Learning from God-fearing layman calling all to repentance

Source: Orthodox England

Calls for Spiritual and Moral Reform in Russia

Pat. Kyrill

Pat. Kyrill

Patriarch Kyrill of Moscow and all the Russias has urged Russians to think about the ultimate causes of the fires that continue to rage in Russia and draw appropriate conclusions. ‘The most important thing for us today is to spend more time thinking about our responsibility before God for ourselves, for our neighbours and for the natural world around us’, said His Holiness after serving the liturgy and blessing the new church at the St Stephen the Wonderworker Convent near Vladimir.

The Patriarch noted that the ultimate cause of the fires was deliberate misconduct of which the root was in barbaric attitudes towards the natural world. It was a result of the inner nature ‘of those accustomed to satisfying their lusts’. ‘They are quite indifferent to the consequences of their acts. All those who have polluted our forests and environment are responsible for the destruction of property and the deaths in the fire’, emphasised the Patriarch.

‘Everywhere you walk in the woods outside any city, you see piles of rubbish, huge amounts of broken glass, plastic bottles and bags…all things that focus the power of the sun. This has contributed to the spontaneous combustion of the forest in the heat wave. We have burned ourselves, the forest fires were the response of nature to feckless human behaviour, the root of which is human sinfulness. Our national wealth has diminished before our eyes, we have become poorer, we have lost lives, and not just those who died in the fires… after all, how many sick people died of asphyxiation from the smog that invaded our cities?’ asked the Patriarch.

He expressed his hopes for the future, saying, ‘This sign was given to us by Heaven, it should at last force us to reconsider things and make a fresh start in life. We fervently pray that the Lord will send rain on our land and we believe that those rains that have occurred were a small, but still real, sign of God’s mercy to us. We believe that the Lord will sustain us through this ordeal. Human wisdom comes from the ability to learn lessons from life. May God grant that our people pass through the fiery trial of the long hot summer of 2010 and that they learn the spiritual lessons of this self-imposed calamity’, concluded the Patriarch.

Meanwhile, the head of a large dairy company near Moscow has informed his 6,000 workers that company policy will require all employees to follow closely the teachings and precepts of the Russian Orthodox Church. Vasily Boiko-Veliki, director of Russkoe Moloko (Russian Milk), told a local radio that the company had been set up to promote the revival of Orthodox Russia and the rules were meant ‘to prevent future sins by employees’. He added: ‘We have about 6,000 employees, most of whom are Orthodox, and I expect them to be faithful and to repent’.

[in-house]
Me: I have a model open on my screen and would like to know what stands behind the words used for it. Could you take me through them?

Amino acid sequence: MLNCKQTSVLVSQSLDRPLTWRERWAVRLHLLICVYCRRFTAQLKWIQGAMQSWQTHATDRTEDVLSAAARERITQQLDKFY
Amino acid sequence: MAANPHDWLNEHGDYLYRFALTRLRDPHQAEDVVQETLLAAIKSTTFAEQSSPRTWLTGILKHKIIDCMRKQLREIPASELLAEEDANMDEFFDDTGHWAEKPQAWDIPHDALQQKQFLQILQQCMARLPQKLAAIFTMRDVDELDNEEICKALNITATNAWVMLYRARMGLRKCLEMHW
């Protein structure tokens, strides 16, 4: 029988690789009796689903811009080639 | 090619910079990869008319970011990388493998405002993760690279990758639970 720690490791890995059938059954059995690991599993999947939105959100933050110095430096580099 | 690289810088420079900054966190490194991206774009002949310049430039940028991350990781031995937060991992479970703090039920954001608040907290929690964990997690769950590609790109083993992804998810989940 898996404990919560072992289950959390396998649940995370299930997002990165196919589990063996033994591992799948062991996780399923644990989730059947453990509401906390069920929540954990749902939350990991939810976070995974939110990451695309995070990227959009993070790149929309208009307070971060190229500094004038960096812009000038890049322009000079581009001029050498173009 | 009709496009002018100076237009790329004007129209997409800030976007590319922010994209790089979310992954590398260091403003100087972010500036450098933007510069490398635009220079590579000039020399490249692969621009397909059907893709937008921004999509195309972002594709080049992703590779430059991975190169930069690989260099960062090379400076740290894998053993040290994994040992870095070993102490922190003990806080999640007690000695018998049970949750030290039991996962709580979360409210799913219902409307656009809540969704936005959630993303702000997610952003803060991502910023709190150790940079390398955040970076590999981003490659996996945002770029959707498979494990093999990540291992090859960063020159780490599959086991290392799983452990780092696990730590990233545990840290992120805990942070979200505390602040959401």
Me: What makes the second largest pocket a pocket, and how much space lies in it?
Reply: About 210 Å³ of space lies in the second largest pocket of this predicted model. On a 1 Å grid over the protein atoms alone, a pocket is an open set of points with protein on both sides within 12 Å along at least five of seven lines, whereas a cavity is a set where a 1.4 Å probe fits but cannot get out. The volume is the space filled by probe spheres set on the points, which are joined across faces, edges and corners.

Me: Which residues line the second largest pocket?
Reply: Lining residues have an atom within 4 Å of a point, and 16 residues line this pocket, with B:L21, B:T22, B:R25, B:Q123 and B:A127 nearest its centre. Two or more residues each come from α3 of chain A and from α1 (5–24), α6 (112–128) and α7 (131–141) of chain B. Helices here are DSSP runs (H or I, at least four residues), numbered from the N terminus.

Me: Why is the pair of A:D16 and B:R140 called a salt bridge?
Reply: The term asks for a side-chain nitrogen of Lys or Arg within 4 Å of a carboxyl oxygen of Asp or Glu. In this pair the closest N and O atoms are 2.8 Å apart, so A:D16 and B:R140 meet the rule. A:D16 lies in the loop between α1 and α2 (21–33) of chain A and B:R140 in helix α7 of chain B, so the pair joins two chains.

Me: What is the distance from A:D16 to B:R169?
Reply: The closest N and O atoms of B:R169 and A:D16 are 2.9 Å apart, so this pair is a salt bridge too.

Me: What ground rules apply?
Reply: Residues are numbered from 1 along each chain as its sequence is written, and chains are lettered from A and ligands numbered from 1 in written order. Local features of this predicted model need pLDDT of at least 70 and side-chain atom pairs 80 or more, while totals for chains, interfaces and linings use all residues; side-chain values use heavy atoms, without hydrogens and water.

Answering the question if he employed only Orthodox believers, Boiko-Veliki said, ‘There are no restrictions, but it is mostly baptised people who come, whose goals in life coincide with ours, the Orthodox transfiguration of Russia’. The new rules require all Orthodox Christian employees who are civilly married or living together to be married in Russian Orthodox Church ceremonies by 14 October, the feast of the Protection of the Mother of God, or face the possibility of dismissal.

Newly-hired Orthodox employees who had been married in civil ceremonies would be given three months to have a religious wedding. Mr Boiko-Veliki explained that those who are not baptised do not have to marry in the church, but all employees will be able to take an educational course in basic Orthodox culture. The new rules also state that anyone procuring or counselling abortion would face dismissal from work. ‘Abortion is the murder of someone. We do not want to work with murderers’, said Boiko-Veliki.

The Russian businessman commented on the prolonged heat wave and resulting forest fires that are plaguing the Western part of the country and said that a return to the practices of the faith, such as the sacrament of marriage, could improve things. ‘This summer of abnormal heat and drought is a judgement on Russia’s godless ways, said Mr Boiko-Veliki to Gazeta.ru. ‘Our prayers are probably too weak and there is no repentance in our hearts’.

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